Diamond Jubilee Celebrations of Fr. James O’Brien

Diamond Jubilee Celebration for Fr. James O’Brien, 14thof September 2018 – Feakle Church

I am happy and privileged to be with you this evening to mark the Diamond Jubilee of Fr. James O’Brien.  Welcome to members of his family, Fr. James’ friends and to the people of the parish where he has given such sterling service for so many years.


Feast of the Triumph of the Cross

Today we mark a very special and meaningful feast day with the Triumph or Exaltation of the Cross.   One might be justified in thinking how could one possibly call what St. Paul termed “folly to the Greeks and a scandal to the Jews” a triumph?!  How could an instrument of torture and death and sadness be a cause celebre, something we fete as a triumph?


The Mystery of Suffering

When we consider our own lives – we all have our fair share of suffering and difficulties and challenges in so many ways.  The writer CS Lewis coined the phrase that suffering was like a megaphone that shouts in our ears and speaks very loudly to us at the core of our being.  How ingenious then that God used that profound human experience and reality to speak to us at our deepest level.  The Cross of Jesus Christ being the means of our salvation and redemption.


In the words of Kipling

I have known shadow

I have known sun

And how I know

The two are one


On the feast of the triumph of the cross we celebrate the fact that our our Good Friday experiences and our Easter Sunday experiences are part of the same coin.  We can’t have one without the other.


In some parts of the world there is a flower which blooms only in the dark and its scent fills the night air. It’s effect is unexpected, as is it’s beauty.  The light of God is something similar – shining within the darkest night, a light which shines in the middle of all human darkness.


Reflection on Jubilee

Today, with great joy we celebrate the diamond jubilee of priesthood of Fr. James O’Brien.  There is something very appealing, very rich in the word Jubilee. In the bible Jubilee is associated with celebration, marking occasions of thanksgiving to the Lord. In the Old Testament it’s associated with a time of rest for the land, taking a break and during that time giving thanks to the Lord for his kindness, his provision, his care, his goodness.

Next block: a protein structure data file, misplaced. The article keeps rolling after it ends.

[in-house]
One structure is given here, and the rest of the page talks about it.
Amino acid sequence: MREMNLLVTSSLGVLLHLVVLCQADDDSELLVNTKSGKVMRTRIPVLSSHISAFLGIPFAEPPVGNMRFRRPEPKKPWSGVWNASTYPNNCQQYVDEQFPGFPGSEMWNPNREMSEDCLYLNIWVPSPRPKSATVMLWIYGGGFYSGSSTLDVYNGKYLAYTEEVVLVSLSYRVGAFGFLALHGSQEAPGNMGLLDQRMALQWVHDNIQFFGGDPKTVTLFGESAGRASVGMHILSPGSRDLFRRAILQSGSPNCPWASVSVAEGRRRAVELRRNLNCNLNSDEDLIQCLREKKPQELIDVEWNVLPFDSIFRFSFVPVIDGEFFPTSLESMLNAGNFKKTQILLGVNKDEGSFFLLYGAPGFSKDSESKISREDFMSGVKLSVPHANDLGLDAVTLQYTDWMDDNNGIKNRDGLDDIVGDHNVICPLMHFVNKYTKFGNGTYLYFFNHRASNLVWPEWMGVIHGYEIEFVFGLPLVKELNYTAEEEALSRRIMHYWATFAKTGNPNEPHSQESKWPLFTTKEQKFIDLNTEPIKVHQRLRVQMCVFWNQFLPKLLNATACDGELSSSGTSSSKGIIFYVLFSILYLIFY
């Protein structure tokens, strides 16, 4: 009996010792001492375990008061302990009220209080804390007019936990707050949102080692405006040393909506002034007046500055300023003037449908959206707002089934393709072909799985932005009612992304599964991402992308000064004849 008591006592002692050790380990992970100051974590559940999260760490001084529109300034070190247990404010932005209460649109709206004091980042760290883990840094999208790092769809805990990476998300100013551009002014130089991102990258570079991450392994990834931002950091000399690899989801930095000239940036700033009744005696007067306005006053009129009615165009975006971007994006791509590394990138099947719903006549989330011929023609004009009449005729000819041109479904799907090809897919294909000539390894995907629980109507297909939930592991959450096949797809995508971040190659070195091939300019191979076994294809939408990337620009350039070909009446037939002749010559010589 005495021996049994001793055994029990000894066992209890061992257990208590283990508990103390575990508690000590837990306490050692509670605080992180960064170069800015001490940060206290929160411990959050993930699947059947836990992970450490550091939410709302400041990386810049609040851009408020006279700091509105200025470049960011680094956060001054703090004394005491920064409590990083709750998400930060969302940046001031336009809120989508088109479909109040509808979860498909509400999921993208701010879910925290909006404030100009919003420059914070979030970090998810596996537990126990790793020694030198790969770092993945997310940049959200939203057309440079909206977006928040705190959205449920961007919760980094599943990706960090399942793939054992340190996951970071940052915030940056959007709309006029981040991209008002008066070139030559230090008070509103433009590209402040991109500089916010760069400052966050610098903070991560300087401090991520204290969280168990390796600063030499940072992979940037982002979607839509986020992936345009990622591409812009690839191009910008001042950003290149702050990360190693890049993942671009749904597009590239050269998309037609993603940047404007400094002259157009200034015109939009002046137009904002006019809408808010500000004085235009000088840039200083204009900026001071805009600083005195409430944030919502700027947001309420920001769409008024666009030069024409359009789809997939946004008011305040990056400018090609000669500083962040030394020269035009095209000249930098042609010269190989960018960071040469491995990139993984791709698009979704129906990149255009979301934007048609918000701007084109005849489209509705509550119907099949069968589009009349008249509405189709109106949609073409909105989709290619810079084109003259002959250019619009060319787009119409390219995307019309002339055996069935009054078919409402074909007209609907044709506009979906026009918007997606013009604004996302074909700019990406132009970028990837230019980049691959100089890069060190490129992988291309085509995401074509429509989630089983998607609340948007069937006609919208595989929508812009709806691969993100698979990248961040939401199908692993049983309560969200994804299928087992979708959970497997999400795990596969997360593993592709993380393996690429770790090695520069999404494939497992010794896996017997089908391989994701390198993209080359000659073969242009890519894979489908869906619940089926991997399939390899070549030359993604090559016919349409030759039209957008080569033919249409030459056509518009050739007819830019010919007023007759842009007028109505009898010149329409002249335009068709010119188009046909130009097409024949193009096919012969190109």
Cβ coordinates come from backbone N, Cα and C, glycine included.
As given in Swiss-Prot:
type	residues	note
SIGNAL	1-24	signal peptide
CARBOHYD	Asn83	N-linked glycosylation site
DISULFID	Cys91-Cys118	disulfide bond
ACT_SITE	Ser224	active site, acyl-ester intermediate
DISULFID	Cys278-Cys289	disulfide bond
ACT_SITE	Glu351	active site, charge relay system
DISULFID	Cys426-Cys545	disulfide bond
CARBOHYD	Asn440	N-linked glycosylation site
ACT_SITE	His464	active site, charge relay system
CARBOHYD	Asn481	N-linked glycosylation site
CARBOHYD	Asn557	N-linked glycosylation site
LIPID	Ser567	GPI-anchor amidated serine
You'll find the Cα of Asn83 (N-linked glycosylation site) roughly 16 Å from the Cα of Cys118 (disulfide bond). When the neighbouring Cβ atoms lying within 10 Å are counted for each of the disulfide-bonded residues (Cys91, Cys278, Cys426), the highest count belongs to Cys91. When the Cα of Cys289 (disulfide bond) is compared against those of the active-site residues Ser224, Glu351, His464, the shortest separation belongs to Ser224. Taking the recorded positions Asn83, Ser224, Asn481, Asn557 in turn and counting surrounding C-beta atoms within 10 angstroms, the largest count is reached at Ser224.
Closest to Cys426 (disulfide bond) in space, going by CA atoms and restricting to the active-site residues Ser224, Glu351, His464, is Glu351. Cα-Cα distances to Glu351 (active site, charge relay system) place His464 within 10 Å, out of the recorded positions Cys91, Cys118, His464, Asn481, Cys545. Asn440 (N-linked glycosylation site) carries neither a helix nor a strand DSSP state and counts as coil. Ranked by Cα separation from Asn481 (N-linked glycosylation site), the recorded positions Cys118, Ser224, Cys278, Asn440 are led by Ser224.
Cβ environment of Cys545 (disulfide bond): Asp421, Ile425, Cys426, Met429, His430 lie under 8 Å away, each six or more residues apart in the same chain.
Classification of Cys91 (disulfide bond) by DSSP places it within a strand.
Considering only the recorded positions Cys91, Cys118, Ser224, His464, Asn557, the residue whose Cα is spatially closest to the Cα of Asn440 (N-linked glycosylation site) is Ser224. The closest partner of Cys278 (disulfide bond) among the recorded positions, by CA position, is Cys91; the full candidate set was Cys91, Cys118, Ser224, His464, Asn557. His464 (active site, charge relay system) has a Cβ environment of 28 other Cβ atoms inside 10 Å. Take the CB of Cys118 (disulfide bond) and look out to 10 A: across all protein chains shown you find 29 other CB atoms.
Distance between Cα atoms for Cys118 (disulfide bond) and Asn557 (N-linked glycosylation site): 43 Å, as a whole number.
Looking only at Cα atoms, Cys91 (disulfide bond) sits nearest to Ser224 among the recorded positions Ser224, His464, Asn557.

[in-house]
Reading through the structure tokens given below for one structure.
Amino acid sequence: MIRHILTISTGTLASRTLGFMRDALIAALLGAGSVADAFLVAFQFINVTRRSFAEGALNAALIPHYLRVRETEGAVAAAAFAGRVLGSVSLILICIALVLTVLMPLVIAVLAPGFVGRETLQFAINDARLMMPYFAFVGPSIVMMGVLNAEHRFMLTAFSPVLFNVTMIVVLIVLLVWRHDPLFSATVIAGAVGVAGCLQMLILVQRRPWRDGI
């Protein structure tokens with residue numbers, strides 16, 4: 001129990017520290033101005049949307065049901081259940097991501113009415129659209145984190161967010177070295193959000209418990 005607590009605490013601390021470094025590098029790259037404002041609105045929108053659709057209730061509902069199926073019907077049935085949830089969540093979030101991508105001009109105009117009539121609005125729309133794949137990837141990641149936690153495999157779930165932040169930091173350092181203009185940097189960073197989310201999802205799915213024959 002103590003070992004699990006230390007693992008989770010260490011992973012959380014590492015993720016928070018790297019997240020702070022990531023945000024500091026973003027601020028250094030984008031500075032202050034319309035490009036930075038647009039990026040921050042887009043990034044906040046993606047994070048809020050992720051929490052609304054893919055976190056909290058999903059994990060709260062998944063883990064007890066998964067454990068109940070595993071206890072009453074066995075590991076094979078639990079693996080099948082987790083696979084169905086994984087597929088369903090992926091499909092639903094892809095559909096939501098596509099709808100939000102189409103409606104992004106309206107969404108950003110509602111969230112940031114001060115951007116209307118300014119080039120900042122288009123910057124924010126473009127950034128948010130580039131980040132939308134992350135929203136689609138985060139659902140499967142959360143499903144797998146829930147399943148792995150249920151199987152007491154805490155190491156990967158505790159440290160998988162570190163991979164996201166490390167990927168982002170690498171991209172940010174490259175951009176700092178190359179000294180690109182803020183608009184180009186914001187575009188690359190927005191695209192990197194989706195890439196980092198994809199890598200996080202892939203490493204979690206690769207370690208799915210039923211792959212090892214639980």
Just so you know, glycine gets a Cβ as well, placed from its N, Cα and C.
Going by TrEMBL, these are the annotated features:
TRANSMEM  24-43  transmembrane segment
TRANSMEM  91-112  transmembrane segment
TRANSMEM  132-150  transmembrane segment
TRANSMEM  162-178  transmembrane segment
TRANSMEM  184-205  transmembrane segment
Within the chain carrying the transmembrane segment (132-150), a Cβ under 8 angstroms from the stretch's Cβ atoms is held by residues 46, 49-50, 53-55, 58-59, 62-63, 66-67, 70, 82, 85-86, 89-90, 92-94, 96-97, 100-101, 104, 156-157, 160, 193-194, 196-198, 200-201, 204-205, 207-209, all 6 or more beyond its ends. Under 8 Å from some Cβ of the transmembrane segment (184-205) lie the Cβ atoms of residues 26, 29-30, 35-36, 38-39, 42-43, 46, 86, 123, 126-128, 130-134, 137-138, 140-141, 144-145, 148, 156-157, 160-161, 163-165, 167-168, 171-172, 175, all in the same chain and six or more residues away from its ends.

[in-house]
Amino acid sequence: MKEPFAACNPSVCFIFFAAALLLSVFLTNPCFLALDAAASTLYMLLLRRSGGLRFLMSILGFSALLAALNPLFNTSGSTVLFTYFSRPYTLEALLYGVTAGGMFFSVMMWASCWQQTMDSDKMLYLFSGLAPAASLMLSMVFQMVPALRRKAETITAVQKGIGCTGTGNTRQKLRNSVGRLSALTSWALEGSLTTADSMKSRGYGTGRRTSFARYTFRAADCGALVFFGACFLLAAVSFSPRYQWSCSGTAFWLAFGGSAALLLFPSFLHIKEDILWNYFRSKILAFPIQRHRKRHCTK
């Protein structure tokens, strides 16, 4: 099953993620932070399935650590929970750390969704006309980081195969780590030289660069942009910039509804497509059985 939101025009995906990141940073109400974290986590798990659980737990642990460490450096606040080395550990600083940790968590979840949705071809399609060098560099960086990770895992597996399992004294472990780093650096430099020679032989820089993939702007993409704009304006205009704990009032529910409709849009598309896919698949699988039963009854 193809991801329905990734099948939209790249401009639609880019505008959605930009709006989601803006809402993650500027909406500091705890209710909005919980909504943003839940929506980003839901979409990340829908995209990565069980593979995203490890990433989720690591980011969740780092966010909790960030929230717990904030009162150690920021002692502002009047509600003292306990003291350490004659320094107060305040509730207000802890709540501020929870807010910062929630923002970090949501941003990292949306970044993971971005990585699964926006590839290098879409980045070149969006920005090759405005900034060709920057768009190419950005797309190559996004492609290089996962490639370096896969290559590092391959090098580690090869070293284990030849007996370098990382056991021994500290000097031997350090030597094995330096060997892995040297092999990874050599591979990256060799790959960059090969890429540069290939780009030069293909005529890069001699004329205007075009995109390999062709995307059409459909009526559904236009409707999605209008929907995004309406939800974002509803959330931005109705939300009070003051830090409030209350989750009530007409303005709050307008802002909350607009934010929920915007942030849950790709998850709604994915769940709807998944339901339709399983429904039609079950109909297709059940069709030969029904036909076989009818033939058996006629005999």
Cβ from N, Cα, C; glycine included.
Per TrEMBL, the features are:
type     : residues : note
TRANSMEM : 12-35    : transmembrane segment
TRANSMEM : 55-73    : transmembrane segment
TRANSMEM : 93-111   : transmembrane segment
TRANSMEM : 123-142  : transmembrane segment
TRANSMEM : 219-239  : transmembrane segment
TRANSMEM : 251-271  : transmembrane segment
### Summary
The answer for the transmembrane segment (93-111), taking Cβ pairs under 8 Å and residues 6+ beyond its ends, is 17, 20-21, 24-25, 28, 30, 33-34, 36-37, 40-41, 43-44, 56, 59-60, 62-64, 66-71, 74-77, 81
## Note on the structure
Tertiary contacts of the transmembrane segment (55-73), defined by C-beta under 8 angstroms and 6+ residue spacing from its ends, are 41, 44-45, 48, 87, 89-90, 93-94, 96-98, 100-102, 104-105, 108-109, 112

This evening we do all of that. We take a few hours of rest “from the land” so to speak to honour and mark the priestly work of Fr. James over a most impressive 60 years in the diocese of Killaloe and further afield in Cardiff.


“Immortal Diamond”

Whatever about a silver or ruby or golden jubilee – when one talks about diamond – that is certainly worthy of serious celebration.  It is no small coincidence that diamonds being the hardest, toughest substances on the face of the earth that a celebration of three score years is called diamond.  It’s no wonder theat Gerald Manley Hopkins used the term “immortal diamond” to convey the reality of the Resurrection, the great hope of our faith.


We celebrate and thank God for our diamond jubilarian, Fr. James this evening.


Native of Scarriff

Fr. James O’Brien, a native of Scarriff, just a few fields away, was ordained from Carlow College on the 8th of June 1958.


1958 a Jubilee Year

1958 was quite a jubilee year for the diocese of Killaloe with 7 young men ordained that year!

  • Desmond McMahon – Shinrone
  • Patrick Malone – Miltown
  • John O’Keeffe – Crusheen
  • Paddy Culligan – Killimer
  • Jeremiah McCormack – Clonlara
  • Noel Kennedy – Youghalarra
  • John Lane – Kilrush

When one condiders that only 5 started studying for the priesthood for the whole country this year – we get a sense of the changing times that we live in!



The 1950s was a time of such richness of vocations that newly ordained invariably spent some time abroad on loan to other dioceses and Fr. James awas no exception spendg 7 years serving in the Archdicoese of Cardiff from1958-1965


Rural Appointements

Being a man of the land and tremendous interest in the ways and lifestyle of the countryside there is little wonder that Fr. James’ appointments were to many rural areas of the diocese:

1965-1970 CC Killanena.

1970-1975 CC Rathcabbin.

1975-1984 CC Mullagh.

1984-1990 CC Ruan.

1990-2003 PP Feakle.


Retiring from Retirement